Christchurch teen ripped off after being paid fake cash for scooter Leave a comment


The fake $50 notes passed off as payment by a couple who stole a Christchurch teenager's electric scooter.

Supplied

The fake $50 notes passed off as payment by a couple who stole a Christchurch teenager’s electric scooter.

A Christchurch 18-year-old is “gutted” after a couple paid him $700 for his electric scooter in fake notes.

The teen’s mum, who does not want her son named because of potential embarrassment, said he listed his e-scooter on Facebook Marketplace a few days ago.

On Saturday night at around 10pm, a man got in touch over Facebook offering to buy it, and they agreed he could come over to pick it up.

“They messaged to say they were here, and didn’t come up to the door,” the mother said.

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The Sonic brand electric scooter which was handed over for a pile of fake $50 notes in Christchurch.

Supplied/Stuff

The Sonic brand electric scooter which was handed over for a pile of fake $50 notes in Christchurch.

“I didn’t really think it was that odd at the time.”

The teen helped a man and a woman load the Sonic-brand 600 watt scooter into a silver Holden sedan car, and the woman handed him a zip lock bag full of counterfeit $50 notes.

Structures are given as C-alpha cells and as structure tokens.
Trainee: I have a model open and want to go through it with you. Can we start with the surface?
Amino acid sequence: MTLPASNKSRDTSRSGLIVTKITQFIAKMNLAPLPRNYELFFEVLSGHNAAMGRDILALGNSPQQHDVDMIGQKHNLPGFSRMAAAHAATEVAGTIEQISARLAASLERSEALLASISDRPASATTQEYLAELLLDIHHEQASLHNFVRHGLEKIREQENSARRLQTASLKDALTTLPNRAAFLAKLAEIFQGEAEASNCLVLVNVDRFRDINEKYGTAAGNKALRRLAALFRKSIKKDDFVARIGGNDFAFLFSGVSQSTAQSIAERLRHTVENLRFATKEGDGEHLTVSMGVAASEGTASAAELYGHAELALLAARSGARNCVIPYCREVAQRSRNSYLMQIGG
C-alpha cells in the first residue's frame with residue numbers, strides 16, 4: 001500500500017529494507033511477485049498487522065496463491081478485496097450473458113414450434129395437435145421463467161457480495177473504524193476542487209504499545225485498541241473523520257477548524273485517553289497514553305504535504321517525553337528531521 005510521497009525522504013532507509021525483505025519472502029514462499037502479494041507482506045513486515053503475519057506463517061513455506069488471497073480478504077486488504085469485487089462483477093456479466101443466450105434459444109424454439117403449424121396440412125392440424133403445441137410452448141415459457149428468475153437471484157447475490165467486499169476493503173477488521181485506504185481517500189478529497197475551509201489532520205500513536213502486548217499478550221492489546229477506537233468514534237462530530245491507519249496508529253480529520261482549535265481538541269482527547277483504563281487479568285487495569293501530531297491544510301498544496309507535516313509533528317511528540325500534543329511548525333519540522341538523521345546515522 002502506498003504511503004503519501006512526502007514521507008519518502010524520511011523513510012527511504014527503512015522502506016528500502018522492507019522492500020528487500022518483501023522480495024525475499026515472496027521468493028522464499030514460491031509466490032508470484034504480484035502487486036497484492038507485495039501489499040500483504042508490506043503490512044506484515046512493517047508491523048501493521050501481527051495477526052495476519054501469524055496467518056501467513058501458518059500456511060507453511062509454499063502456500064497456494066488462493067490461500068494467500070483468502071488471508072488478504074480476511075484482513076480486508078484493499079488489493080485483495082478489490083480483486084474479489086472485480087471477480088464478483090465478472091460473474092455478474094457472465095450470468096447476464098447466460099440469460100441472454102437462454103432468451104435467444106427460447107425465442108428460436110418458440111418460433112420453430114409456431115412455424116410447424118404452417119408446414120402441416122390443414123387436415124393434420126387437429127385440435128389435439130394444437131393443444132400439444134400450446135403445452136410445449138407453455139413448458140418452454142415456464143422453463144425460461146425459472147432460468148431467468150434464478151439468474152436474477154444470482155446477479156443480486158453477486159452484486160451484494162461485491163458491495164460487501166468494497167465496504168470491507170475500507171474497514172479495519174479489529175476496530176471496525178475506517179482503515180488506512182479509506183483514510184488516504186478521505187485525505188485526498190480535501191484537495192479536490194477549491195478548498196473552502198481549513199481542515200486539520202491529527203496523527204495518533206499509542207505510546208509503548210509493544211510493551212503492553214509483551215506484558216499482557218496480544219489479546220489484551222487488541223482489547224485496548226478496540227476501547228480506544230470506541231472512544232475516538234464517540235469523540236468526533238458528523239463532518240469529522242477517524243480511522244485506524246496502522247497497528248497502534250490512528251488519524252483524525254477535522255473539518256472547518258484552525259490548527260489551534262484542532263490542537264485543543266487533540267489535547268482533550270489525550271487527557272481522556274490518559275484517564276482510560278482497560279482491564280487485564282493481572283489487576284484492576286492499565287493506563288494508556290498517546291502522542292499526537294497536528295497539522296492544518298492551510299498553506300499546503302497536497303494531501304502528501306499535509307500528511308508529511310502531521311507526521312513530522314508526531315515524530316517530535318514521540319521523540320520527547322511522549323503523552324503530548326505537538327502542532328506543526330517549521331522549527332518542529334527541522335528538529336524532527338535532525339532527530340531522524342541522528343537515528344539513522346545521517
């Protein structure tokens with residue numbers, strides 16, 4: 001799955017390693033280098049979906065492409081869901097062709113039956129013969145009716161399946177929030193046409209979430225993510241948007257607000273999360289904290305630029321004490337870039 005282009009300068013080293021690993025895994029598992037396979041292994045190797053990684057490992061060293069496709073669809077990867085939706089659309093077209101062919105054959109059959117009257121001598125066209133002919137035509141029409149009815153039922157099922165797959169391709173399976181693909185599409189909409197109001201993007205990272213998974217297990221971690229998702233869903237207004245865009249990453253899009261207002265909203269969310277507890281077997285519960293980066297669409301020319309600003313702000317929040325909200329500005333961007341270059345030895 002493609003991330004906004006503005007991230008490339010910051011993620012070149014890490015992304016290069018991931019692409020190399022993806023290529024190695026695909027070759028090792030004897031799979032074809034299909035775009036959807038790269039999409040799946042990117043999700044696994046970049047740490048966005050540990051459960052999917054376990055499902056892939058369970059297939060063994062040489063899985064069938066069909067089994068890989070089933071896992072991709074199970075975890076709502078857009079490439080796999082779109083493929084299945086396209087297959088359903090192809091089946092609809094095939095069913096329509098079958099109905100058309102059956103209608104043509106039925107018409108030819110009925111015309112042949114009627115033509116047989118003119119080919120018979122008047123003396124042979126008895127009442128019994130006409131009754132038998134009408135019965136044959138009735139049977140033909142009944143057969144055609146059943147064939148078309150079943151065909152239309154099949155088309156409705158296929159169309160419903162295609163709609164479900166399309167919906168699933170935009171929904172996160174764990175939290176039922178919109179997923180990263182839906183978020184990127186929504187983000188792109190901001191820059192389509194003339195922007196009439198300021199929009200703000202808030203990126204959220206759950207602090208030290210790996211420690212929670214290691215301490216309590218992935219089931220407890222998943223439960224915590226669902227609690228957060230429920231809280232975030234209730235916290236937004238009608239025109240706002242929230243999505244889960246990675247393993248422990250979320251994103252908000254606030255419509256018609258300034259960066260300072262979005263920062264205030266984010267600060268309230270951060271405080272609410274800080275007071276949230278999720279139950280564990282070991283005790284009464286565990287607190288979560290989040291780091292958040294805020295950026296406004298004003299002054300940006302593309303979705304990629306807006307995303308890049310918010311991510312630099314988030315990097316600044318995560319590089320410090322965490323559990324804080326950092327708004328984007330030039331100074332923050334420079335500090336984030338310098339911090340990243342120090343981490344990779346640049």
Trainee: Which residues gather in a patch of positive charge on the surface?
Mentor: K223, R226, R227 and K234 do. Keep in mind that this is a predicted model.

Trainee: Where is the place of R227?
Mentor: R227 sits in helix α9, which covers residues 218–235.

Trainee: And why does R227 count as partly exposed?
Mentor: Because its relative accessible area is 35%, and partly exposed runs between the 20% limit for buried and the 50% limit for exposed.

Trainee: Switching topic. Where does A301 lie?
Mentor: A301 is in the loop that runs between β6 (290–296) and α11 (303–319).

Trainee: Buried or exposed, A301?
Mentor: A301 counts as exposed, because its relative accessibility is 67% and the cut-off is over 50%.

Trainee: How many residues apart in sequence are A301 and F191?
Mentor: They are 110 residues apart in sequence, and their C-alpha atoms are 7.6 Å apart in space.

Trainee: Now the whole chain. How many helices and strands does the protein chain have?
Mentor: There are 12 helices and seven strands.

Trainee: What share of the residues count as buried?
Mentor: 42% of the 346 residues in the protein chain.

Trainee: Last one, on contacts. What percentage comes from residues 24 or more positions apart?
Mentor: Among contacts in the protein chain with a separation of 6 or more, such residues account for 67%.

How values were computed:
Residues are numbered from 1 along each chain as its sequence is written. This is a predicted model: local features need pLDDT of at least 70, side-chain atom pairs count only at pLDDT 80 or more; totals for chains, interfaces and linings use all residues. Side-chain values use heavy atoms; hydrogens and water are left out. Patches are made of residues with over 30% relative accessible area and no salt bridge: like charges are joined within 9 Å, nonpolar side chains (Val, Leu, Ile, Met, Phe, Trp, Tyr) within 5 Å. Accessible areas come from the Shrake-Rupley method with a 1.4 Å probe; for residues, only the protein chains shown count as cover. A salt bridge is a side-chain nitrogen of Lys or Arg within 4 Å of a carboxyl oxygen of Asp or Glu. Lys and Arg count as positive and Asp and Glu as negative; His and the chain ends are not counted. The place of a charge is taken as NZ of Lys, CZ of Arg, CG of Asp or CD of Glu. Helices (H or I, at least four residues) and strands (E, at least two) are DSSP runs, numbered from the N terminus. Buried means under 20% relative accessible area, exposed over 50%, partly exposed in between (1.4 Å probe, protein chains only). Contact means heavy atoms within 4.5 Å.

“He made a mistake by not counting it, but even if he did, in the dark he wouldn’t have seen they were all fake because they also feel quite real.”

She said her son realised what had happened once he got back inside, but by then it was too late.

The Facebook account used to contact him was deleted shortly after.

On Sunday the family reported the crime and handed the forged currency to police.

A police spokesperson said they are assessing the information provided to see what they can do.

The incident comes just weeks after counterfeit money came to light in Rangiora, and following reports of fake notes being passed off last year.

The mother of the Christchurch teenager said she was “a bit shocked” at what happened to her son.

“I can’t believe people would do that.”

“He’s only 18 years old, and he’s too trusting. Unfortunately, he’s had to learn this lesson the hard way, and he’s pretty disappointed in himself.”

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How to spot a counterfeit note. (Video first published in 2019)

“My message would just be to really check any money handed over in these online sales, and count it.”

In June 2020, police urged the public to remain vigilant for counterfeit notes, after a spate of fake fifties were found across the South Island, from Christchurch to Oamaru.

A 31-year-old Timaru man was arrested in relation to the forgeries at the time, but police said it was unknown how many of the notes, largely $50 denominations, had made it into circulation.

In early January, a Canterbury punter was “shocked and annoyed,” after being paid out three counterfeit $100 notes at a Rangiora Harness Racing Club.

He was told by police at the time there was not much they could do.



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